Career Alert: A Master of Analytics Degree Is the Ticket--If You Can Get Into Class
Computerworld (04/24/14) Patrick Thibodeau

Employers increasingly are looking for people with data analytics degrees and schools are seeing more applications, but acceptance rates for programs are declining. At North Carolina State University (NCSU), for example, the 75 students who will earn a Master of Science in Analytics this year have received a total of 246 job offers from 55 employers. The average starting salary is $96,500 and signing bonuses average $12,000. NCSU received nearly 800 applications for its next class, three times the number just two years ago, when it doubled enrollment to 85. The school will offer admission to 99 or 100 students, for an acceptance rate of just 12.5 percent. "We will turn away quite a large number of applicants this year and a fair number of them are otherwise qualified," says Michael Rappa, the founding director of NCSU's Institute of Advanced Analytics, which became the first in the United States to offer a Master of Analytics program in 2007. Northwestern University also is turning away qualified applicants, and indicated it received 600 applications for 30 openings in its September class, for an acceptance rate of 6 percent.

Study: People Pay More Attention to the Upper Half of Field of Vision
NCSU News (04/22/14) Matt Shipman

People focus more on the upper half of their field of vision, according to a new study from researchers at North Carolina State University (NCSU) and the University of Toronto. The researchers tested people's ability to quickly identify a target amidst visual clutter. Participants fixed their eyes on the center of a computer screen while researchers flashed a target and distracting symbols for 10 to 80 milliseconds. The team then replaced the screen with an unconnected mask image to disrupt their train of thought and asked participants to indicate where the target had been located on the screen. The researchers found people were 7 percent better at finding the target when it was located in the upper half of the screen. "A difference of 7 percent could make a significant difference for technologies that are safety-related or that we interact with on a regular basis," says NCSU professor Jing Feng. He says the research could have an impact on everything from traffic signs to software interface design.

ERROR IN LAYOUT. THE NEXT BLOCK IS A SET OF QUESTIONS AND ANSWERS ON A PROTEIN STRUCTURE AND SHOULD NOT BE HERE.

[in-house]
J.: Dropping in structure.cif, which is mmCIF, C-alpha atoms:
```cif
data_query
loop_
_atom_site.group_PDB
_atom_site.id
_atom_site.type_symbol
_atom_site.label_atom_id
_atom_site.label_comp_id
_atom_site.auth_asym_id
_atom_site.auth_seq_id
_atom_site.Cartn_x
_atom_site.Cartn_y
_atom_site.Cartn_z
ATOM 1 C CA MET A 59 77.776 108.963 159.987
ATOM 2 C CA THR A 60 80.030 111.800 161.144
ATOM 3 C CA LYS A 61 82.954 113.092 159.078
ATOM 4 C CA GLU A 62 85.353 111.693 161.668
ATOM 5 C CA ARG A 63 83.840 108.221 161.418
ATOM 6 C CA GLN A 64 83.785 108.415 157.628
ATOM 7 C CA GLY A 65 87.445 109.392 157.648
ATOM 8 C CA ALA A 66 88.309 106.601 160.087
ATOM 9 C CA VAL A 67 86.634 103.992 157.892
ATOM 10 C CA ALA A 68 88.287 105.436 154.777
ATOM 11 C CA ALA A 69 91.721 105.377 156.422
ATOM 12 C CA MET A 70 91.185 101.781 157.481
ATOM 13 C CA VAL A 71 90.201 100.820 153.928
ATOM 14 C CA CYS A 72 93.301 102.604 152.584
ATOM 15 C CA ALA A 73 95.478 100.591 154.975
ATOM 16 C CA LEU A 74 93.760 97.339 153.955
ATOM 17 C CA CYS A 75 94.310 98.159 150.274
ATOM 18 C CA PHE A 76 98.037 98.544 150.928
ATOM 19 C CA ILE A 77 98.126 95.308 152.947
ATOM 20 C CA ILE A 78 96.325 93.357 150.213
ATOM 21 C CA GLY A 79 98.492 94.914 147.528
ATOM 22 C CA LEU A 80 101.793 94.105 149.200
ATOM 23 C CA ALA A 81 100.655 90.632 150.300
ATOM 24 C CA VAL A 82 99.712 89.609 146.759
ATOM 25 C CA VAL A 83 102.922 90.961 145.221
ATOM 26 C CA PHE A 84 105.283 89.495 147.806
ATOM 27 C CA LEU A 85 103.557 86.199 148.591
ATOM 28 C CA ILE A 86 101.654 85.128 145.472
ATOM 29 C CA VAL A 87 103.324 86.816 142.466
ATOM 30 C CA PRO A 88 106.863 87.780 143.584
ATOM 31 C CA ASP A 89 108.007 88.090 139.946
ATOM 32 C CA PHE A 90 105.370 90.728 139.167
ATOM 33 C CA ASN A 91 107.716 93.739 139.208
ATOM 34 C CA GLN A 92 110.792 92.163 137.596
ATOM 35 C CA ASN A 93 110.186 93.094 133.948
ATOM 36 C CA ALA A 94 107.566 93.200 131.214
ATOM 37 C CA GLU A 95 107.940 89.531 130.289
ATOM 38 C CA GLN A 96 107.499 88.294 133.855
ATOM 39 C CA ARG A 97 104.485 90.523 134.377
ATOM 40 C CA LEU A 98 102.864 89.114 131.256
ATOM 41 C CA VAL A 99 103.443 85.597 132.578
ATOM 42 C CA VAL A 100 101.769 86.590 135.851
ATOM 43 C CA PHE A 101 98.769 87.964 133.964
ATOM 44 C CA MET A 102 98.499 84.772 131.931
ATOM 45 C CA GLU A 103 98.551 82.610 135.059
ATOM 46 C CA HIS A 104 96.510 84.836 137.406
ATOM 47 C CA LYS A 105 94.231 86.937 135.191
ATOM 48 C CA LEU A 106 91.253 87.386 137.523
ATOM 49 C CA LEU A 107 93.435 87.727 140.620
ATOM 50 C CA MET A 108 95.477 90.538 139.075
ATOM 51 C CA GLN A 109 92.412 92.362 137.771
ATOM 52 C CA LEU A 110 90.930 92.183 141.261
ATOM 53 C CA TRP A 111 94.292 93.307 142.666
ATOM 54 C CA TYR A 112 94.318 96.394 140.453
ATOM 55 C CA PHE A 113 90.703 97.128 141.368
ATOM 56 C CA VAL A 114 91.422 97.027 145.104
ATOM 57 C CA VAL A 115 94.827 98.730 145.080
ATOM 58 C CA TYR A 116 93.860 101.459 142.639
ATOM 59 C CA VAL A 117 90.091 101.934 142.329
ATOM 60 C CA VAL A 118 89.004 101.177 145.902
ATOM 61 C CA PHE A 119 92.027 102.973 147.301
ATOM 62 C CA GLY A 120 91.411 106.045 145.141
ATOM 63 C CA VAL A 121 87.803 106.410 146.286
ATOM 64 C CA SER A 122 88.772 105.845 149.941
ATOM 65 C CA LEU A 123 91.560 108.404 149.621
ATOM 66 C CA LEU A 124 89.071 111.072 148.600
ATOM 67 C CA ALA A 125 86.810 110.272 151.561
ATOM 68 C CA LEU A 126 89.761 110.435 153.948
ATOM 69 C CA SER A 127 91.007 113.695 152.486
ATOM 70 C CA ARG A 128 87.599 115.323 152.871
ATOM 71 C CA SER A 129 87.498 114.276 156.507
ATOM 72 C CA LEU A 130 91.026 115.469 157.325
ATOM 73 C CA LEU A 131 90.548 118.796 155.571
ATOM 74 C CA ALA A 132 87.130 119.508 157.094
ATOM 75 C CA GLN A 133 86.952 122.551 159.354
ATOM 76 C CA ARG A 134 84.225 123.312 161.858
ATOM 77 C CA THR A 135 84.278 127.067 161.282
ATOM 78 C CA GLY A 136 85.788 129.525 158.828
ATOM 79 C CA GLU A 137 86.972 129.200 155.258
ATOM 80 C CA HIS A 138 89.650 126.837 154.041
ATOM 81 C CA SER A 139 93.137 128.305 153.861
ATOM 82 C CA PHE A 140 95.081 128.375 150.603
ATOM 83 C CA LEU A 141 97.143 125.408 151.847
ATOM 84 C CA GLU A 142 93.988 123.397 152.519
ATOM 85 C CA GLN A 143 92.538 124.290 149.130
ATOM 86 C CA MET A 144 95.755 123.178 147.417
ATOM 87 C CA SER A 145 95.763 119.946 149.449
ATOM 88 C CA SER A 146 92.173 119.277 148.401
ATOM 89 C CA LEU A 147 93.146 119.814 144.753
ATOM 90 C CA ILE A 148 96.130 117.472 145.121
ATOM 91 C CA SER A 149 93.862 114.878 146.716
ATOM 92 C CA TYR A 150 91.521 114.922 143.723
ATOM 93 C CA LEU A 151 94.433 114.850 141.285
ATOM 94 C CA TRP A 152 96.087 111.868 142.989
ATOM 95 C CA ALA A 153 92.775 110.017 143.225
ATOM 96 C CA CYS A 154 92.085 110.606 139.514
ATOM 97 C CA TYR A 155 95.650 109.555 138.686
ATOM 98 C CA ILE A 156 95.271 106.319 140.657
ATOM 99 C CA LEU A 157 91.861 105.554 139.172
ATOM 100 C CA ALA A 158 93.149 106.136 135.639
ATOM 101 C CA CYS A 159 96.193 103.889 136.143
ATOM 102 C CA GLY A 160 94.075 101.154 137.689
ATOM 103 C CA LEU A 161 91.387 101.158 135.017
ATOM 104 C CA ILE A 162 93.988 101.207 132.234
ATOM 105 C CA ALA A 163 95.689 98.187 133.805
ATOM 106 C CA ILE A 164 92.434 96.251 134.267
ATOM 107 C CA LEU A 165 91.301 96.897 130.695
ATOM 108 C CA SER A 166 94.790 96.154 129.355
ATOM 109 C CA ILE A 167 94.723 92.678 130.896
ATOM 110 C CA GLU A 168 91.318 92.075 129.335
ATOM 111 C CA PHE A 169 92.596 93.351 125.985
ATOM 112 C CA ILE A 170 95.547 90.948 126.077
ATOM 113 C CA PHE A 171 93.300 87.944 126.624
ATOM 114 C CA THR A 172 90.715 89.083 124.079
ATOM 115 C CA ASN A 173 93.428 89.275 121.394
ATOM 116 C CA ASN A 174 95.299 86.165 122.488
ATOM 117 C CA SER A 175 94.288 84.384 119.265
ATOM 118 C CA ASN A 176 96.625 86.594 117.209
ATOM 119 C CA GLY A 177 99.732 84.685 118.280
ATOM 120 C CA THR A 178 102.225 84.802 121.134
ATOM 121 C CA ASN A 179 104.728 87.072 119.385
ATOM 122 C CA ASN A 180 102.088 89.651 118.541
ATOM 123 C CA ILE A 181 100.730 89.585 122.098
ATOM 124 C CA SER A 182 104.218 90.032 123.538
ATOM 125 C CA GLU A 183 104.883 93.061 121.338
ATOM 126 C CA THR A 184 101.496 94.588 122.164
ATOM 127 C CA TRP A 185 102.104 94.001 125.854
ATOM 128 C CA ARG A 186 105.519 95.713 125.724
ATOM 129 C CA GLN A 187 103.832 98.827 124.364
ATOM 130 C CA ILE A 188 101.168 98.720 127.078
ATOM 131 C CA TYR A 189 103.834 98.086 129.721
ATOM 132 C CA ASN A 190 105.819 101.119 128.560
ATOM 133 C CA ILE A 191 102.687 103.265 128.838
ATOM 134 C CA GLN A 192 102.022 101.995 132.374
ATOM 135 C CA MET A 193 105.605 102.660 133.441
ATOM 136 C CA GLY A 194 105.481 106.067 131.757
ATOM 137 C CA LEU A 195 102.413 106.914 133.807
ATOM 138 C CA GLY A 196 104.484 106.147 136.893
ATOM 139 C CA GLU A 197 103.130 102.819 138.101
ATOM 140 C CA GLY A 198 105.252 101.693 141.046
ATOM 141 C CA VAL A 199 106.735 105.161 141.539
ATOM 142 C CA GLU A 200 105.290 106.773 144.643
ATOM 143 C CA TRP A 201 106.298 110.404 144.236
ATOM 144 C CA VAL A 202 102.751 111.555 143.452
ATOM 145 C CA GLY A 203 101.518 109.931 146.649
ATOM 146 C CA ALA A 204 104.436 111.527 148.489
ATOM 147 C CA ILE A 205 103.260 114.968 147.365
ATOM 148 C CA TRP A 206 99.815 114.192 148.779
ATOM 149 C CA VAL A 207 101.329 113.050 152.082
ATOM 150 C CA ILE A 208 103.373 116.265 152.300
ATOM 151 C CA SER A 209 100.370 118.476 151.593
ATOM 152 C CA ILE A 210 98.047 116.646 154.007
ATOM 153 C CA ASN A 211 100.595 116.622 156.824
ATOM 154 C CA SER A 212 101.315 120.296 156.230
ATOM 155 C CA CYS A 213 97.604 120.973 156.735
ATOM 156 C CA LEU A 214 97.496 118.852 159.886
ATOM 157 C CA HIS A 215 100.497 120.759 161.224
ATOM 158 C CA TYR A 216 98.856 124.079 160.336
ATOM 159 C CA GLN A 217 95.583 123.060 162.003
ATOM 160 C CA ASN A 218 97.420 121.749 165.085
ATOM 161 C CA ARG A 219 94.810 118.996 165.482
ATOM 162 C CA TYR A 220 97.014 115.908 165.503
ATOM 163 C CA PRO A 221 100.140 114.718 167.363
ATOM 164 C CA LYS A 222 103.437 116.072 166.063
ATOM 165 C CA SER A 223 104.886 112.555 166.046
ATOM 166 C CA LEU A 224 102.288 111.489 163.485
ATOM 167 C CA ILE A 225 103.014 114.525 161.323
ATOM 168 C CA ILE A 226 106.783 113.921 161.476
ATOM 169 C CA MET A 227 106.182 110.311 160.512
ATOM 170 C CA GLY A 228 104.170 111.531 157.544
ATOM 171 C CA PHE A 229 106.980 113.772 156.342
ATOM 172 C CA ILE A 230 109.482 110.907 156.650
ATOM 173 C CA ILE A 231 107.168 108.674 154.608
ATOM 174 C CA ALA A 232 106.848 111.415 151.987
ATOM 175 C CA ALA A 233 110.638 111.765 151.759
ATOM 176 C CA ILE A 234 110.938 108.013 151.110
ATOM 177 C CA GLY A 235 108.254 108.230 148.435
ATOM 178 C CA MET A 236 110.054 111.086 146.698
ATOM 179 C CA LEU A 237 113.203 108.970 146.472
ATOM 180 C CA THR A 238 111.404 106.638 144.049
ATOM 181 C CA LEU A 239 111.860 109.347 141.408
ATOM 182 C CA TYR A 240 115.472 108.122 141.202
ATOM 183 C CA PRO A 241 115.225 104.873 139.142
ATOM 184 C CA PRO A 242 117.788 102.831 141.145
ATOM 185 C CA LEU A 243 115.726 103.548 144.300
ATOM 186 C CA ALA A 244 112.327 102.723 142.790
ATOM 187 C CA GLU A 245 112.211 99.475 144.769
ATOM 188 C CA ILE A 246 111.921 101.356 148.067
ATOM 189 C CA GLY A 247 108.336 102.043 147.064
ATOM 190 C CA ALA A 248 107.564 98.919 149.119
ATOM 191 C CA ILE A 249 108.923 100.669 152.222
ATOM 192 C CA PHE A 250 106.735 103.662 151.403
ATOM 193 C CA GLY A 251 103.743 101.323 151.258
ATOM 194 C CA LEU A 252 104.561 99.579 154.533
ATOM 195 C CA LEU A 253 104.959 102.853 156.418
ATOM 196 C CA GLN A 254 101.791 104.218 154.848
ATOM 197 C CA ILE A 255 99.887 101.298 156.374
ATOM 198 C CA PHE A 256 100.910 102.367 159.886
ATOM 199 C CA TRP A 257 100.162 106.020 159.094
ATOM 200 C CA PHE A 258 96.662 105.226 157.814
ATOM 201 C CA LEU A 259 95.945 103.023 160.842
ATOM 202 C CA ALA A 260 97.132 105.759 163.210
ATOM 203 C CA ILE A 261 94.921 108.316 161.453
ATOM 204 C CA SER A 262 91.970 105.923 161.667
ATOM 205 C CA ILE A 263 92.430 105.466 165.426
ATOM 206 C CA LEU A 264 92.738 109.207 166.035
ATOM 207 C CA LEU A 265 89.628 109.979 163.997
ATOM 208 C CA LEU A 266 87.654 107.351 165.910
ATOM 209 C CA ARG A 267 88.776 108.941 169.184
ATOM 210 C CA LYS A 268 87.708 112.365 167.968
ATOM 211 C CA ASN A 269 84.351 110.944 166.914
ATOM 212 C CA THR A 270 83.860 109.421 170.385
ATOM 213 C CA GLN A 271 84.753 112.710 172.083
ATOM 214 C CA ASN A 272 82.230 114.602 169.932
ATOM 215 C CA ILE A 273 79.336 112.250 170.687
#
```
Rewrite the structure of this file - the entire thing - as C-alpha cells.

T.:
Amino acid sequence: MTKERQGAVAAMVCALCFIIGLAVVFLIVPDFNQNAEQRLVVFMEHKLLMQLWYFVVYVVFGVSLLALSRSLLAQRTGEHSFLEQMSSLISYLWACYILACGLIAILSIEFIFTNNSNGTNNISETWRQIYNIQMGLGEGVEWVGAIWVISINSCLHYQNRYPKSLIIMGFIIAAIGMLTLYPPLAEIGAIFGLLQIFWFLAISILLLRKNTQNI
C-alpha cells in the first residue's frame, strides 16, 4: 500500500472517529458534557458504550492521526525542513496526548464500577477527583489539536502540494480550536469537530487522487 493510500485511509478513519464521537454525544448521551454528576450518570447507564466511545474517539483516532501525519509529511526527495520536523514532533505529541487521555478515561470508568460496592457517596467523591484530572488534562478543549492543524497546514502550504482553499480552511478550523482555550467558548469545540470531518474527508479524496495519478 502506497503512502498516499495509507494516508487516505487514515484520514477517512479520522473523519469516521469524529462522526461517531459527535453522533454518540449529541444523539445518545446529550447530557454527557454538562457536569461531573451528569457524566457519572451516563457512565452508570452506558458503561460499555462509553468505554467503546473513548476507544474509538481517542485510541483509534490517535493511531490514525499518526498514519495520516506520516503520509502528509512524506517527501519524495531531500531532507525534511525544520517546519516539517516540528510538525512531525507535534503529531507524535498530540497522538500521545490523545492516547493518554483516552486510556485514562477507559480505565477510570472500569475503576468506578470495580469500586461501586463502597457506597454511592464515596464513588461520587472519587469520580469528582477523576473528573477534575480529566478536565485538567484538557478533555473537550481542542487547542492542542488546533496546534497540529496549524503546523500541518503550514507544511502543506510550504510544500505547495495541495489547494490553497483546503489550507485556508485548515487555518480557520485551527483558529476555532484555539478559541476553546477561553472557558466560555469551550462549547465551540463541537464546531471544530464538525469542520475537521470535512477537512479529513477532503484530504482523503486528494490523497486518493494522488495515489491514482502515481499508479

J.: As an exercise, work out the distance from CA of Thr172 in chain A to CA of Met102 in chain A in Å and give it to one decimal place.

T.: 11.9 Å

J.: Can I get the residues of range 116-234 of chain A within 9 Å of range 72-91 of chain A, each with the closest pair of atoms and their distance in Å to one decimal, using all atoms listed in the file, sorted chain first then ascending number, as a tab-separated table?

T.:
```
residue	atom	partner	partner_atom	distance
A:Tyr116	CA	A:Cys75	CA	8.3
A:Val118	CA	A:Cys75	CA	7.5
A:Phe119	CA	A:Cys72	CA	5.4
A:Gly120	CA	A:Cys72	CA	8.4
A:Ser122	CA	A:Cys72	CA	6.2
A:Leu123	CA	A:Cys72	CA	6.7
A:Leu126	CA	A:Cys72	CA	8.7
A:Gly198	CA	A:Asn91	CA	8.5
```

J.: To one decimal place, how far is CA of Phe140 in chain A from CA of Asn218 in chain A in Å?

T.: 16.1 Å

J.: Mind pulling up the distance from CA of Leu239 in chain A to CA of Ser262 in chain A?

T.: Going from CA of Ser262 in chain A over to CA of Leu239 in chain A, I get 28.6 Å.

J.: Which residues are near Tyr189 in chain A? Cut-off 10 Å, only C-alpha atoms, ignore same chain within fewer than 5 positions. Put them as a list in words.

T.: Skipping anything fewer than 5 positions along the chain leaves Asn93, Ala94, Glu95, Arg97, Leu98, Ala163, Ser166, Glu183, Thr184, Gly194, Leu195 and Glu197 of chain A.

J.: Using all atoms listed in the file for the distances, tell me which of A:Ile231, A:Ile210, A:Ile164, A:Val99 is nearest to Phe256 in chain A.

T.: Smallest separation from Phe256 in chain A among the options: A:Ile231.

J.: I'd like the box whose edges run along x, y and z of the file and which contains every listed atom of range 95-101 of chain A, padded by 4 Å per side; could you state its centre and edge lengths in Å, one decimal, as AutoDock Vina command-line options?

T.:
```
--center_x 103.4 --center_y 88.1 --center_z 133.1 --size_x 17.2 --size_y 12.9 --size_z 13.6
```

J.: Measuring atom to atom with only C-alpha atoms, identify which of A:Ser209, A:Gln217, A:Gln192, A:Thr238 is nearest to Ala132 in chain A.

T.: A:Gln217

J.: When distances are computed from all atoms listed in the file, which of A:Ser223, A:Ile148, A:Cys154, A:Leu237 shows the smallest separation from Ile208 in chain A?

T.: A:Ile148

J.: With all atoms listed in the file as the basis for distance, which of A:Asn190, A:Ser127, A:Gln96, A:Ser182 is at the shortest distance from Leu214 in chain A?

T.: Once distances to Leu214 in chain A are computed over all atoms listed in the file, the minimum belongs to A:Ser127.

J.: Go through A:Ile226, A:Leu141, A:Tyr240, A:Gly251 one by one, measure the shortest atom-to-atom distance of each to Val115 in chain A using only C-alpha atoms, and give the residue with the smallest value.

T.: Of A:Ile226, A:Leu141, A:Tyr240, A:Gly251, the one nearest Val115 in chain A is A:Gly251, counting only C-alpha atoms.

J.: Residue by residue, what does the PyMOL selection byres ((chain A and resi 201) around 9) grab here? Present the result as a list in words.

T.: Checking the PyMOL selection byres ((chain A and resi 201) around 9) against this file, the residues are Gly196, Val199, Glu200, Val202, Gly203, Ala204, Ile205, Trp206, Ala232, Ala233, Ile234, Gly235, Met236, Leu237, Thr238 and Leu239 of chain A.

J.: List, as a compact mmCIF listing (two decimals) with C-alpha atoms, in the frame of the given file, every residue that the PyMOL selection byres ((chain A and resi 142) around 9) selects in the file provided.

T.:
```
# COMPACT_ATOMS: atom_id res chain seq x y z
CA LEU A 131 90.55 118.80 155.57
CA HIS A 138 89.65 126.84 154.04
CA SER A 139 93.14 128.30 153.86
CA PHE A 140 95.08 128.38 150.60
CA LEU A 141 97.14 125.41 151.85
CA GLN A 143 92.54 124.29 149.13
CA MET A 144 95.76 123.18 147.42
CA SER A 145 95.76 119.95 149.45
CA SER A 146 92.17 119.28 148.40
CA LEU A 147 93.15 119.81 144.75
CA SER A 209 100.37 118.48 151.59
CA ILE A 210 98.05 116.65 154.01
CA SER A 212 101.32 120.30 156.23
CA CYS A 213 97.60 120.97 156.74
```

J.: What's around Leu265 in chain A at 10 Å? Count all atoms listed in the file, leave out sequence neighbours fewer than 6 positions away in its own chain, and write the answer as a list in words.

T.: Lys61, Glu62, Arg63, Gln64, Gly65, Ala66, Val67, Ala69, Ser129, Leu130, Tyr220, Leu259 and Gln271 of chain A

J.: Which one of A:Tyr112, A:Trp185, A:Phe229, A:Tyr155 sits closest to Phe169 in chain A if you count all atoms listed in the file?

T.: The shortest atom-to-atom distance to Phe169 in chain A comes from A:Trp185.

Researcher Proposes Alert Tool for Managing Online Privacy Risks
Help Net Security (04/23/14) Zeljka Zorz

Princeton University professor Arvind Narayanan has proposed the creation of a "privacy alert" system that would help the average Internet user better manage their privacy. Narayanan envisions the system as having two modules, with the first being a privacy vulnerability tracker similar to existing tools used to track security vulnerabilities. This module would track threats to privacy and tag them based on their severity, the products and demographics they affect, and how they can be mitigated. The second module would be a user-facing tool that can track the user's privacy preferences and use them to filter the information gathered by the vulnerability tracker. This would generate alerts for users, enabling them to easily track and respond to the evolving privacy threat landscape. Narayanan recognizes the concept of such a tool is not revolutionary, but he hopes that describing how it would work will encourage others to develop it. He notes the tool also could have several additional features, such as an open application programming interface, crowdsourced information, and the ability to integrate it with users' browsing history and other personal information.

Go 1.3's First Beta Promises a Sleeker, Faster Language
InfoWorld (04/23/14) Serdar Yegulalp

Google's Go language is about to enter its 1.3 revision, with a first beta soon to be made available. Most of the changes in Go 1.3 do not involve introducing new features to the language, but instead address many of the issues and complaints that have come up in its first few years. A few of the new features position Go as a one-stop-shop language for all things Google. The first set of major improvements to Go 1.3 involves the linker and compiler, both significantly reworked to enable programs to compile more quickly. The performance for binaries created by the Go compiler also has been improved, with faster and more efficient garbage collection and a reworked regular-expression handler. In addition, experimental support has been added for four new platforms, including Oracle Solaris, Bell Labs' experimental OS Plan 9, FreeBSD, and Google's Native Client. Go was created to address several problems experienced by both developers and Google, such as concurrency, and it currently ranks about 15th on the list of languages used by GitHub projects, although its use is increasing.